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The brake caliper is the assembly which houses the brake pads and pistons. The pistons are usually made of aluminum or chrome-plated steel. There are two types of calipers: floating or fixed. A fixed caliper does not move relative to the disc. It uses one or more pairs of opposing pistons to clamp from each side of the disc, and is more complex and expensive than a floating caliper. A floating caliper (also called a "sliding caliper") moves with respect to the disc, along a line parallel to the axis of rotation of the disc; a piston on one side of the disc pushes the inner brake pad until it makes contact with the braking surface, then pulls the caliper body with the outer brake pad so pressure is applied to both sides of the disc.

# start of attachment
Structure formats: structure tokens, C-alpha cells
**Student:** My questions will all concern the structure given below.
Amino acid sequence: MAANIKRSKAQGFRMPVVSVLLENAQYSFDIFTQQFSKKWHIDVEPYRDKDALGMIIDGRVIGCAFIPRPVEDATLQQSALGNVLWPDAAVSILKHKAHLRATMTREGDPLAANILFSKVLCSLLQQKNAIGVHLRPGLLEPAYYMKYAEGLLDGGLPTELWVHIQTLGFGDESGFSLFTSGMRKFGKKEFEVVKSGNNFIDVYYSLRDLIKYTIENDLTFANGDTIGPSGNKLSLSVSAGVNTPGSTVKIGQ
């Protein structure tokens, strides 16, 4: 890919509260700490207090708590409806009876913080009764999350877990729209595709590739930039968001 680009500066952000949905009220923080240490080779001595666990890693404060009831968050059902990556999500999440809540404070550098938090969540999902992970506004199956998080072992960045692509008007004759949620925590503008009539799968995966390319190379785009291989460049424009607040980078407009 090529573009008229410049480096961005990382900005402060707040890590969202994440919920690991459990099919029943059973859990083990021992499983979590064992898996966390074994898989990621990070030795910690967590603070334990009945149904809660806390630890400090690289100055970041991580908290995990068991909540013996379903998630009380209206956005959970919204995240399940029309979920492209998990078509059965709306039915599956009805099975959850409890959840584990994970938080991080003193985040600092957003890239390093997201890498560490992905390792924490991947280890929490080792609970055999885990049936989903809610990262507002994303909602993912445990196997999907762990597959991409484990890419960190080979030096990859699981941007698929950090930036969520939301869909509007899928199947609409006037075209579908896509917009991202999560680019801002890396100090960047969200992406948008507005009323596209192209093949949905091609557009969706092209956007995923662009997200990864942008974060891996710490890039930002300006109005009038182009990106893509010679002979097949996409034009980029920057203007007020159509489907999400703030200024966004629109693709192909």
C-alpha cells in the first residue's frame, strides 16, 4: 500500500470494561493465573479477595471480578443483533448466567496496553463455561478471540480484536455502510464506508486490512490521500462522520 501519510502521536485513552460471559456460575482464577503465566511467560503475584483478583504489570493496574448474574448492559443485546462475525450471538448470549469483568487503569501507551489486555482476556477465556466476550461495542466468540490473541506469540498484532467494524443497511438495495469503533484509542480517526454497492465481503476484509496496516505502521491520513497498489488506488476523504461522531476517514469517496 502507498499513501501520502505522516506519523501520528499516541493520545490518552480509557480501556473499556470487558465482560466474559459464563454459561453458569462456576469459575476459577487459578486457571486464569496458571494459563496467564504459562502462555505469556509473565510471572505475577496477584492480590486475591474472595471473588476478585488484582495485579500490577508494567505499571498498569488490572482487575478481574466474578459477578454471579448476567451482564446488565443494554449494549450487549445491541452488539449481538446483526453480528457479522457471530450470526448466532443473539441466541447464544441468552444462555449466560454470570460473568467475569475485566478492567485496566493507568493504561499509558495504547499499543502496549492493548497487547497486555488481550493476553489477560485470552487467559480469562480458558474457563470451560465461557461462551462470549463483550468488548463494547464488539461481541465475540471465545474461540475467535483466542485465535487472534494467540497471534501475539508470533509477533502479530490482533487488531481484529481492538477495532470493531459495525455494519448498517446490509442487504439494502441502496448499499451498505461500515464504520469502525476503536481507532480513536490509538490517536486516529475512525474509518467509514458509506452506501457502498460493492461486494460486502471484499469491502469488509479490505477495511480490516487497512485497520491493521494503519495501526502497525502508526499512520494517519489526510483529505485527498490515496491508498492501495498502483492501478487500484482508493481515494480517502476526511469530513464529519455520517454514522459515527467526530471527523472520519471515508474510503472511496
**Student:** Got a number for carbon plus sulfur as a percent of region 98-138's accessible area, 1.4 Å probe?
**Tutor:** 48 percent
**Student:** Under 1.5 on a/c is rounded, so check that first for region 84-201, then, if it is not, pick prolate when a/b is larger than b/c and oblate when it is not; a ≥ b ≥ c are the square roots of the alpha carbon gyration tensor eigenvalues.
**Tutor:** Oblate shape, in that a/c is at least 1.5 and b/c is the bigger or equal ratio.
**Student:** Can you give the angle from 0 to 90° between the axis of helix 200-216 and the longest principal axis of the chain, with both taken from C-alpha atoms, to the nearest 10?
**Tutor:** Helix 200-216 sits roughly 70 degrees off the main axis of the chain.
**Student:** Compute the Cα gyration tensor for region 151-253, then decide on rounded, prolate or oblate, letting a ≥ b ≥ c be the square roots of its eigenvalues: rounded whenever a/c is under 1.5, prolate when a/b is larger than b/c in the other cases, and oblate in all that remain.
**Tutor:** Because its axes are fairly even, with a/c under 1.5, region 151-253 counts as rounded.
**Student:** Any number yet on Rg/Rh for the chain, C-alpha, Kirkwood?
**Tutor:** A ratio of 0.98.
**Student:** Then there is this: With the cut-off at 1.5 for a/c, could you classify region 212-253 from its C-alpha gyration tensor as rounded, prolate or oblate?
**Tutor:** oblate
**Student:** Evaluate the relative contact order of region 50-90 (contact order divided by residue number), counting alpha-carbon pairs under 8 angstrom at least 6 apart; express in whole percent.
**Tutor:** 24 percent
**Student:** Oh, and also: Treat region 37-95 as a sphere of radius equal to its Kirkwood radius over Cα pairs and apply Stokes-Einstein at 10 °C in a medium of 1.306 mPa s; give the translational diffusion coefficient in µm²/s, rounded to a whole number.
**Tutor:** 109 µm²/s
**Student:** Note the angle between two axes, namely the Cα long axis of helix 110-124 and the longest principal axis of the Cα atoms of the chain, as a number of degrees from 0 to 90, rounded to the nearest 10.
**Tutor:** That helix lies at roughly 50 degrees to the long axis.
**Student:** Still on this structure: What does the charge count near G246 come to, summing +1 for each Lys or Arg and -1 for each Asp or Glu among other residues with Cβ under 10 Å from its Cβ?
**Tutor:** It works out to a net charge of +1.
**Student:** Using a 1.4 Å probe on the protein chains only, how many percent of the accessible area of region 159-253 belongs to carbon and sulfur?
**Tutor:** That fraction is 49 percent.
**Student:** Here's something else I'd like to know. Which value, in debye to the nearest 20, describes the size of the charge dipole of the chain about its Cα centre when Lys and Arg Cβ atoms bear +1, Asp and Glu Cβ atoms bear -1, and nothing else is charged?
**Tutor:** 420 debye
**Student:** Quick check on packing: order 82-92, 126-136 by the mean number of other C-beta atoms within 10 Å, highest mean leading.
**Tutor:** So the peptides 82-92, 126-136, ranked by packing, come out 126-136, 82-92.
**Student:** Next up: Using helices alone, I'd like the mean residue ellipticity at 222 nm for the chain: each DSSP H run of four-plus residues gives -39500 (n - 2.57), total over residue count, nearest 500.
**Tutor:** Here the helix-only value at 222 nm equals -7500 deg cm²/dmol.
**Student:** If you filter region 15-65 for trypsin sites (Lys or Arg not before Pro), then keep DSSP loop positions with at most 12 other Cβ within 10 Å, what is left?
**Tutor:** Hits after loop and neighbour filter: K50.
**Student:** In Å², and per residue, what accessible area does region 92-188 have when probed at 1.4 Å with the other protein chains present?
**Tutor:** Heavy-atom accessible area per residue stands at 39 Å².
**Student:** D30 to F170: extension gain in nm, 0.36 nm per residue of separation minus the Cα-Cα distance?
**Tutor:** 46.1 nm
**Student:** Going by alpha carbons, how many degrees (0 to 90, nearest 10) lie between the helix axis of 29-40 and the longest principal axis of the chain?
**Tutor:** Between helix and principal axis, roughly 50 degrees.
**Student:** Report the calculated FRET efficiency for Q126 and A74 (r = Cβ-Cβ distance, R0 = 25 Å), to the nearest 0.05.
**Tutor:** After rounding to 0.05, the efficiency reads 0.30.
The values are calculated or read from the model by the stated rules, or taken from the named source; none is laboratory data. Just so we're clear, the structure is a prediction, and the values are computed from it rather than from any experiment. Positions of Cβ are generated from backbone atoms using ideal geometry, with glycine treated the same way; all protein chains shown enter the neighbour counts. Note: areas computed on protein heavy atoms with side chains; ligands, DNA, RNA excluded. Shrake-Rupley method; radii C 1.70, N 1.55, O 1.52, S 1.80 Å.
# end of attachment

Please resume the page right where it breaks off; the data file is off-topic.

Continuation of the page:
Floating caliper (single piston) designs are subject to sticking failure, which can occur due to dirt or corrosion entering at least one mounting mechanism and stopping its normal movement. This can cause the pad attached to the caliper to rub on the disc when the brake is not engaged, or cause it to engage at an angle. Sticking can occur due to infrequent vehicle use, failure of a seal or rubber protection boot allowing debris entry, dry-out of the grease in the mounting mechanism and subsequent moisture incursion leading to corrosion, or some combination of these factors. Consequences may include reduced fuel efficiency, excessive wear on the affected pad, and friction-induced heat warping of the disc.